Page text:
Antidepressant Amoxapine inhibits intracellular mycobacterial survival by inducing autophagy
Jia Wang1, Ashok K. Chopra1, and Sunhee Lee1*
1 Department of Microbiology and Immunology, University of Texas Medical Branch, Galveston, Texas, USA
Host-directed antimicrobial drugs that enhance the intracellular killing of mycobacteria are highly desirable, since they could circumvent the development of antibiotic resistance strains. Because intracellular pathogens such as Yersinia pestis and Mycobacterium tuberculosis (Mtb) both infect macrophages and manipulate host machineries to favor their survival, we hypothesize that host-directed drugs against Yersinia pestis that targeting common host defense pathways may also be protective against Mtb. Therefore, we tested 58 FDA approved drugs that protect against Yersinia pestis induced host cell cytotoxicity against Mycobacterium bovis BCG induced cell death. After that, the effects of hit drugs on intracellular BCG survival was evaluated. Two antidepressants, Amoxapine, and Trimipramine maleate were identified to not only inhibit BCG induced murine macrophage cytotoxicity, but also enhance intracellular killing of BCG and Mtb strain H37Rv in both human and murine macrophages. We further demonstrated that Amoxapine induces autophagy by inhibiting mTOR activation. Inhibition of autophagy by ATG16L1 knockdown significantly diminished intracellular killing effects of Amoxapine against BCG. In summary, our study identified Amoxapine as a novel host-directed drug that enhances the intracellular killing of mycobacteria by induction of autophagy.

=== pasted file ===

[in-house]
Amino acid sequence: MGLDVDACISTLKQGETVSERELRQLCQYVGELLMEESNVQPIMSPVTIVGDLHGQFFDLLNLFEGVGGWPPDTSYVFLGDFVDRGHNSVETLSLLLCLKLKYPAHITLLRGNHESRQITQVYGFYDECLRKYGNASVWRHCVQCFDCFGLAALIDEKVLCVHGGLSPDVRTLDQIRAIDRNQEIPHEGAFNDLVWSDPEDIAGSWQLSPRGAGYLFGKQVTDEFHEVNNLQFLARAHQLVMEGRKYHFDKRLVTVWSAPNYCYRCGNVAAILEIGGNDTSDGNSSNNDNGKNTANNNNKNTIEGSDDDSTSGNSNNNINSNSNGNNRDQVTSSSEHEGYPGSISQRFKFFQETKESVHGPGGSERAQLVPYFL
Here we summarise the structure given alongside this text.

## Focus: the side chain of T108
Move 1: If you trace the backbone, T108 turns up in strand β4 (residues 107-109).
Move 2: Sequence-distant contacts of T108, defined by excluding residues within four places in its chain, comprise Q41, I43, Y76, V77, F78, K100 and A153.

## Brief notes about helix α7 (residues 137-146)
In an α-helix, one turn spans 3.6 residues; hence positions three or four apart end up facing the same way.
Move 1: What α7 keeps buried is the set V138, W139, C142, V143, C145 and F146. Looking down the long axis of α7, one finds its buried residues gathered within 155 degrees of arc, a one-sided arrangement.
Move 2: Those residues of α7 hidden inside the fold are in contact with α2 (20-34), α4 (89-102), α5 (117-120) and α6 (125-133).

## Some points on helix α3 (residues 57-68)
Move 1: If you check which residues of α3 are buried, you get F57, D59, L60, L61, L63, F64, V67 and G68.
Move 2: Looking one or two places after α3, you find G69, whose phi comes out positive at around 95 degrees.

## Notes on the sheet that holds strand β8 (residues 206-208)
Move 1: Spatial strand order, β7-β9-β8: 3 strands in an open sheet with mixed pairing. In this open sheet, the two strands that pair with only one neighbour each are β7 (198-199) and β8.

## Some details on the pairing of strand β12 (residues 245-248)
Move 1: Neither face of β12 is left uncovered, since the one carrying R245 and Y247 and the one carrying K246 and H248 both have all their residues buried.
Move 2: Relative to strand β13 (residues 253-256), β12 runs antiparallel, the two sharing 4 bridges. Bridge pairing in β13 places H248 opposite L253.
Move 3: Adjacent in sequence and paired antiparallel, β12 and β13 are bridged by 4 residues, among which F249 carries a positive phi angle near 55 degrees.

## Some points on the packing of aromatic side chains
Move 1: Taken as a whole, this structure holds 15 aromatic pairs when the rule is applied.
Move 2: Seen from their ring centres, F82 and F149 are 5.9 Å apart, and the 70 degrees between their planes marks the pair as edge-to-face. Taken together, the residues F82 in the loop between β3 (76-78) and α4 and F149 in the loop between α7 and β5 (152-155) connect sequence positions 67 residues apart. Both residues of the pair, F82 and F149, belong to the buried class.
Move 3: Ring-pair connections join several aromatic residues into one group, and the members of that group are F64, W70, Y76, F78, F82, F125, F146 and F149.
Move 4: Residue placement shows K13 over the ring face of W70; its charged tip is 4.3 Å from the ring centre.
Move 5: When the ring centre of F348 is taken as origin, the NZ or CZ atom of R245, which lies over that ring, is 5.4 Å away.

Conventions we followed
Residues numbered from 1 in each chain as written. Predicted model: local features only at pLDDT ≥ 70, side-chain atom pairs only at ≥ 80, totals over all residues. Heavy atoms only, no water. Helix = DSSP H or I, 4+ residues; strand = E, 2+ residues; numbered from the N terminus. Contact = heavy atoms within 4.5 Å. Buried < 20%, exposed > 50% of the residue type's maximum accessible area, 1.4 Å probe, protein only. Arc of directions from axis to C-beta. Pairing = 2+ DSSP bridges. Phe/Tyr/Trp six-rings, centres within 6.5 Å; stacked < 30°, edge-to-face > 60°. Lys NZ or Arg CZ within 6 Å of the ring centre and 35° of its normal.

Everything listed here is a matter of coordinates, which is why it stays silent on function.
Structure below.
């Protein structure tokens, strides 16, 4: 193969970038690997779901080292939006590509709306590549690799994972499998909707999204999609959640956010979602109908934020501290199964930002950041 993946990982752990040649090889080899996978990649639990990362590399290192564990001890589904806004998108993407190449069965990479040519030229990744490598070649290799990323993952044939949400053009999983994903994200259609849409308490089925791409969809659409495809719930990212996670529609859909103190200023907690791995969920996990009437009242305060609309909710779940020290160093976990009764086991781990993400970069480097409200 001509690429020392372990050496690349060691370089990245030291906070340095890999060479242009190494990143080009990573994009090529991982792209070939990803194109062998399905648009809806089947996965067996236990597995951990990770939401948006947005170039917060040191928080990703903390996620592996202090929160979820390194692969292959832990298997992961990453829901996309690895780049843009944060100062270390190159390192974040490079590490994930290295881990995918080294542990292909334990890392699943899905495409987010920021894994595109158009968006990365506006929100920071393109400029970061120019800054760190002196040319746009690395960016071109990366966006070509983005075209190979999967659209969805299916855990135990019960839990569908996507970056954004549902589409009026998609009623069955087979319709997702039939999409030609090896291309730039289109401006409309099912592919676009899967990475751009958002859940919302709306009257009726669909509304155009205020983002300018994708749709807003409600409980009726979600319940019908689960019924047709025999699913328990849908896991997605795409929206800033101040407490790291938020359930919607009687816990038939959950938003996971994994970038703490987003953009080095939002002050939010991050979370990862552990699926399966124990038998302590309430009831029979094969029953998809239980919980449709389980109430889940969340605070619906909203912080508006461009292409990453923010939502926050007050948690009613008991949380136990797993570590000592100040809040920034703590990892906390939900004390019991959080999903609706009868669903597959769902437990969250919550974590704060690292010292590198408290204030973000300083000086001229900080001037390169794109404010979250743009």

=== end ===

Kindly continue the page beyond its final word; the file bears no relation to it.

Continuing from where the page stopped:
University of Texas Medical Branch at Galveston
Credits: None available.
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